Phil Rigden of Western Power Distribution (WPD) discusses recent Nokia 4.9G/LTE and future 5G network tests on its smart power grid.

In August, Nokia announced that it had provided a private 4.9G, long term evolution (LTE), wireless network to Western Power Distribution (WPD) – which distributes electricity to the Midlands, south West of England and south Wales – at its test and development centre in Taunton, Somerset.

A fourth-generation (4G) wireless standard, LTE provides increased network capacity and speed for mobile devices versus third-generation (3G) technology.

Nokia worked with WPD to install and test Nokia 4.9G/LTE modular private wireless (MPW) – which enables users to build private networks for small to very large industrial sites and field area networks. This will provide a platform for WPD to trial various smart grid use-cases, from improved network monitoring to automation, that ensure it continues to meets regulatory standards.

The collaboration also saw WPD implement one of Nokia’s video call solutions alongside the Finnish tech giant’s industrial user equipment, such as workpads, to support supervisory control and data acquisition (SCADA) and other applications.

Discussing the trial in August, Phil Rigden, telecoms manager for WPD, said: “Through the challenges posed by the pandemic, we have worked closely with Nokia over the last two years to demonstrate the capability of its 4.9G/LTE private wireless solution to support the operation of our smartgrid including SCADA, voice, video and data services.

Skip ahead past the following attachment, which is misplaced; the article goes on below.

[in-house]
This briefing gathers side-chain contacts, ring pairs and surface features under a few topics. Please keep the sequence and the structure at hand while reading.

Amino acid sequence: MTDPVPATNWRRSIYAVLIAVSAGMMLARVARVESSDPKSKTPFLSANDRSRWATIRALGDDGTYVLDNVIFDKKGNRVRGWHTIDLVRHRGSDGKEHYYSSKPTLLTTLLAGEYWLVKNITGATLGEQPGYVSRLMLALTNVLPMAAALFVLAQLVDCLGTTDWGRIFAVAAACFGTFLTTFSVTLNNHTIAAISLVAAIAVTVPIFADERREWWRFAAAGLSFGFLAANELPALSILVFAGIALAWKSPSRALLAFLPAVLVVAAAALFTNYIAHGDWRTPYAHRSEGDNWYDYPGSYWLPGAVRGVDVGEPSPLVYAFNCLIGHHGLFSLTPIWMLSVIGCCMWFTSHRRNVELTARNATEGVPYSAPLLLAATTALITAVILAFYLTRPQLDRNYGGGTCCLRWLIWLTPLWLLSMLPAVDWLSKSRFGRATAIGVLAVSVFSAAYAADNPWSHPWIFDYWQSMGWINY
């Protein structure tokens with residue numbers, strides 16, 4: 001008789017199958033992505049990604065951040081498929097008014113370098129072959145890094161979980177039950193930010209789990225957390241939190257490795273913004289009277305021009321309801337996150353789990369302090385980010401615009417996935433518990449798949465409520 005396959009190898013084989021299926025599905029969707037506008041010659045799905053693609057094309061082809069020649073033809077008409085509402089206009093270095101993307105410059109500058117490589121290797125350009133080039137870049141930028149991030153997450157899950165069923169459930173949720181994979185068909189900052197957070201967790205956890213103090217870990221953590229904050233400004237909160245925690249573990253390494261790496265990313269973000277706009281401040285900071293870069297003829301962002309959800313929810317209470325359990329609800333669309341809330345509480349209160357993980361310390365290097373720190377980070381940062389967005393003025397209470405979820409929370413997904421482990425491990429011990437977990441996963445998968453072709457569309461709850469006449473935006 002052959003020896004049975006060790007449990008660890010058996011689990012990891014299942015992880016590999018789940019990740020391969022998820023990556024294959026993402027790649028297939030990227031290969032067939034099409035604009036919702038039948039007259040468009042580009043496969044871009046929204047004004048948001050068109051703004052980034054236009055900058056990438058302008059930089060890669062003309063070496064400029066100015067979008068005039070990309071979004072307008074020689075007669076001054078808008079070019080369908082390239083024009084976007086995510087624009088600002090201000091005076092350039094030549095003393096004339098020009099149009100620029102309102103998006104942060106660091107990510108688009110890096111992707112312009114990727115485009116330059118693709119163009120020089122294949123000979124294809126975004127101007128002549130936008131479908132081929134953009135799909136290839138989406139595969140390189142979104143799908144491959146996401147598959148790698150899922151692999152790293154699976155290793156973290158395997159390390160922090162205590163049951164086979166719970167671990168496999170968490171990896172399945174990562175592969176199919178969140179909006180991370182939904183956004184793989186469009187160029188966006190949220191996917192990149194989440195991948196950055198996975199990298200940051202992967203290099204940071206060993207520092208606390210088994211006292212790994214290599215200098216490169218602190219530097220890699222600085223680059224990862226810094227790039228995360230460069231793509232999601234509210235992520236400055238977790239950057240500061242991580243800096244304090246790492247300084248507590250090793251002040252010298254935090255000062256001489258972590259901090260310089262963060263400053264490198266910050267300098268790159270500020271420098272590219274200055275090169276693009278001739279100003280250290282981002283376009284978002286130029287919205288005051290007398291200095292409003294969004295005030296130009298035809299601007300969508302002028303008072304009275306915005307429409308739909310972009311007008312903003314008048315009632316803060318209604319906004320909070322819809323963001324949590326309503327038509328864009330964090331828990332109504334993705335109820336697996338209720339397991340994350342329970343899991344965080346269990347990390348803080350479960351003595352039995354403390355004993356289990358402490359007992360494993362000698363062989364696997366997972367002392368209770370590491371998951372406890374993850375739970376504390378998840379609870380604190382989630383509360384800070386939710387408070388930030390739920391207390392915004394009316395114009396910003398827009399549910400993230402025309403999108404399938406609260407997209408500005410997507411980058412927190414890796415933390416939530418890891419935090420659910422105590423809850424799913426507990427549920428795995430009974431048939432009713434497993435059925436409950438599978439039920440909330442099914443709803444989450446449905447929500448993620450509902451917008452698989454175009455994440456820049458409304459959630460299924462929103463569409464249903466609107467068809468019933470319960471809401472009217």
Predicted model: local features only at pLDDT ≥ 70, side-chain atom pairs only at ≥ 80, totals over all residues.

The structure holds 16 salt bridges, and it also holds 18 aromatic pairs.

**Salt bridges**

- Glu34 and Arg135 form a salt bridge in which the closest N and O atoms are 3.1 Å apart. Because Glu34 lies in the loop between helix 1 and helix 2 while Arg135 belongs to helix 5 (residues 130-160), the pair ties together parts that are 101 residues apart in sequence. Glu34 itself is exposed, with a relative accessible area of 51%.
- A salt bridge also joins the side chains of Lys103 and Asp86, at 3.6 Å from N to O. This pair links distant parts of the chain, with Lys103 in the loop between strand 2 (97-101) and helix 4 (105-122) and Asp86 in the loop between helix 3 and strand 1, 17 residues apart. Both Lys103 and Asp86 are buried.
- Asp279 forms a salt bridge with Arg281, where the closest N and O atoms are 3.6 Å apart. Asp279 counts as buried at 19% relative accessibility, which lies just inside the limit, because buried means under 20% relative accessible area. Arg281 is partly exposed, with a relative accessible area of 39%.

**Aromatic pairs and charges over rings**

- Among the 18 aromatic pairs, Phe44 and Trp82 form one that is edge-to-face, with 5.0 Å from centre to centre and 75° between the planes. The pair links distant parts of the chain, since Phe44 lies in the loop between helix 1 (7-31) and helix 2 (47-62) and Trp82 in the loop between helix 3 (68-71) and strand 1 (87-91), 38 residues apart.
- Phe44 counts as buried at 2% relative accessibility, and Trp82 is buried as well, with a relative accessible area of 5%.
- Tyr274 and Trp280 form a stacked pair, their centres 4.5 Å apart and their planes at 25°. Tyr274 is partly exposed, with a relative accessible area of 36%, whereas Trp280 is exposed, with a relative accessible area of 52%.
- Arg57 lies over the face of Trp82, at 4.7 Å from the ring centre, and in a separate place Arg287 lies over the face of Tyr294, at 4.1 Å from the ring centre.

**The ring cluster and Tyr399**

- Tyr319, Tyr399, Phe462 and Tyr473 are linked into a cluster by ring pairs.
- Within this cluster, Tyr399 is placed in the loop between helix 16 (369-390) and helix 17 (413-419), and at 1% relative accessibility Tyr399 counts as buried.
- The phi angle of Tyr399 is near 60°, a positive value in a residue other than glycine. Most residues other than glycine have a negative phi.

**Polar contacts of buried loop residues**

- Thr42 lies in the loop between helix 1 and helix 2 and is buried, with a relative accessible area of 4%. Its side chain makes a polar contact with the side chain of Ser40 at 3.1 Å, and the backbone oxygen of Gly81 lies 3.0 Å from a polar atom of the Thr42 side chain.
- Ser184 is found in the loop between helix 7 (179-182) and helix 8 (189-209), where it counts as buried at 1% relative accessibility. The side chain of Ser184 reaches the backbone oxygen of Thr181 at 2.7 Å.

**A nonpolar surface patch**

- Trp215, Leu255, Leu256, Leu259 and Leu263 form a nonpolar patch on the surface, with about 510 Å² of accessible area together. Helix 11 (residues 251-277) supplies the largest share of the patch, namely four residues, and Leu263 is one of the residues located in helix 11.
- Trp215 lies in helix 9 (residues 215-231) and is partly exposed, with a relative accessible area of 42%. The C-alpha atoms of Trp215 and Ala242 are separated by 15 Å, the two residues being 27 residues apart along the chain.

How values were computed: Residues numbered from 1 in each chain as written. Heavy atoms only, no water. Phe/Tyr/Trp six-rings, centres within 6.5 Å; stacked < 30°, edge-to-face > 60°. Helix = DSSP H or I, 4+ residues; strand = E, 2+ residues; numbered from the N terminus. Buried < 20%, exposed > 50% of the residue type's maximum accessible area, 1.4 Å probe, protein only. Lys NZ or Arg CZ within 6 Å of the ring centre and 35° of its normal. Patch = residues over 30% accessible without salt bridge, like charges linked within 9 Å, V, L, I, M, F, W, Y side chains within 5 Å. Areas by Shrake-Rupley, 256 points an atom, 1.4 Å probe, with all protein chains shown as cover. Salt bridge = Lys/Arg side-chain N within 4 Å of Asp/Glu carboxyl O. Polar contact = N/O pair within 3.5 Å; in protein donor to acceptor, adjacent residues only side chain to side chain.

“We have been able to document key learnings to share with the utility industry that confirm the suitability of 4.9G/LTE and 5G to provide the connectivity platform for tomorrow’s grid.”

Details of WPD and Nokia’s trial come against the backdrop of a broader government push for innovation in networks having recently announced a £4 million competition for ideas to embed 5G kit into public and curbside infrastructure, such as bus shelters, lamp posts and traffic lights.

This follows the £30m UK-wide Rural Connected Communities competition, launched in August 2019, with up to 10 locations chosen to run trials of 5G applications.

‘Everyday communication service’

Speaking to Utility Week Innovate, Rigden adds that the trial is driven by WPD’s desire to seek out “quantitative and experiential values”.

“If proven viable, sharing the outputs with other DNOs, BEIS and Ofgem is a real potential solution to strengthen the UK’s critical services for the future as we continue to migrate into the digital era and commence meeting the UK’s low carbon objectives,” he explains.

“The quantitative element will greatly assist with understanding scale, cost and supplement regulatory investment planning when appropriate.”

Thus far, Rigden says that the trial has been “very successful”.
“We’ve proven that private LTE works,” he says. “For our use case, it requires a spectrum sweet spot to ensure the network configuration of masts and base stations is not too great in number with an adequate density to match our topography, reaching remote assets located in some of our countries valleys or basins.

“We know it can sit alongside other communication networks, can be configured to serve other essential services should the service be likened to support them and therefore made resilient to power failure where we need it.

“This also means it won’t just be a business continuity system,” Rigden continues. “We would use it as an everyday communication service for voice, video, data, operational telecoms such as SCADA for monitoring or control.”

Being available when others are not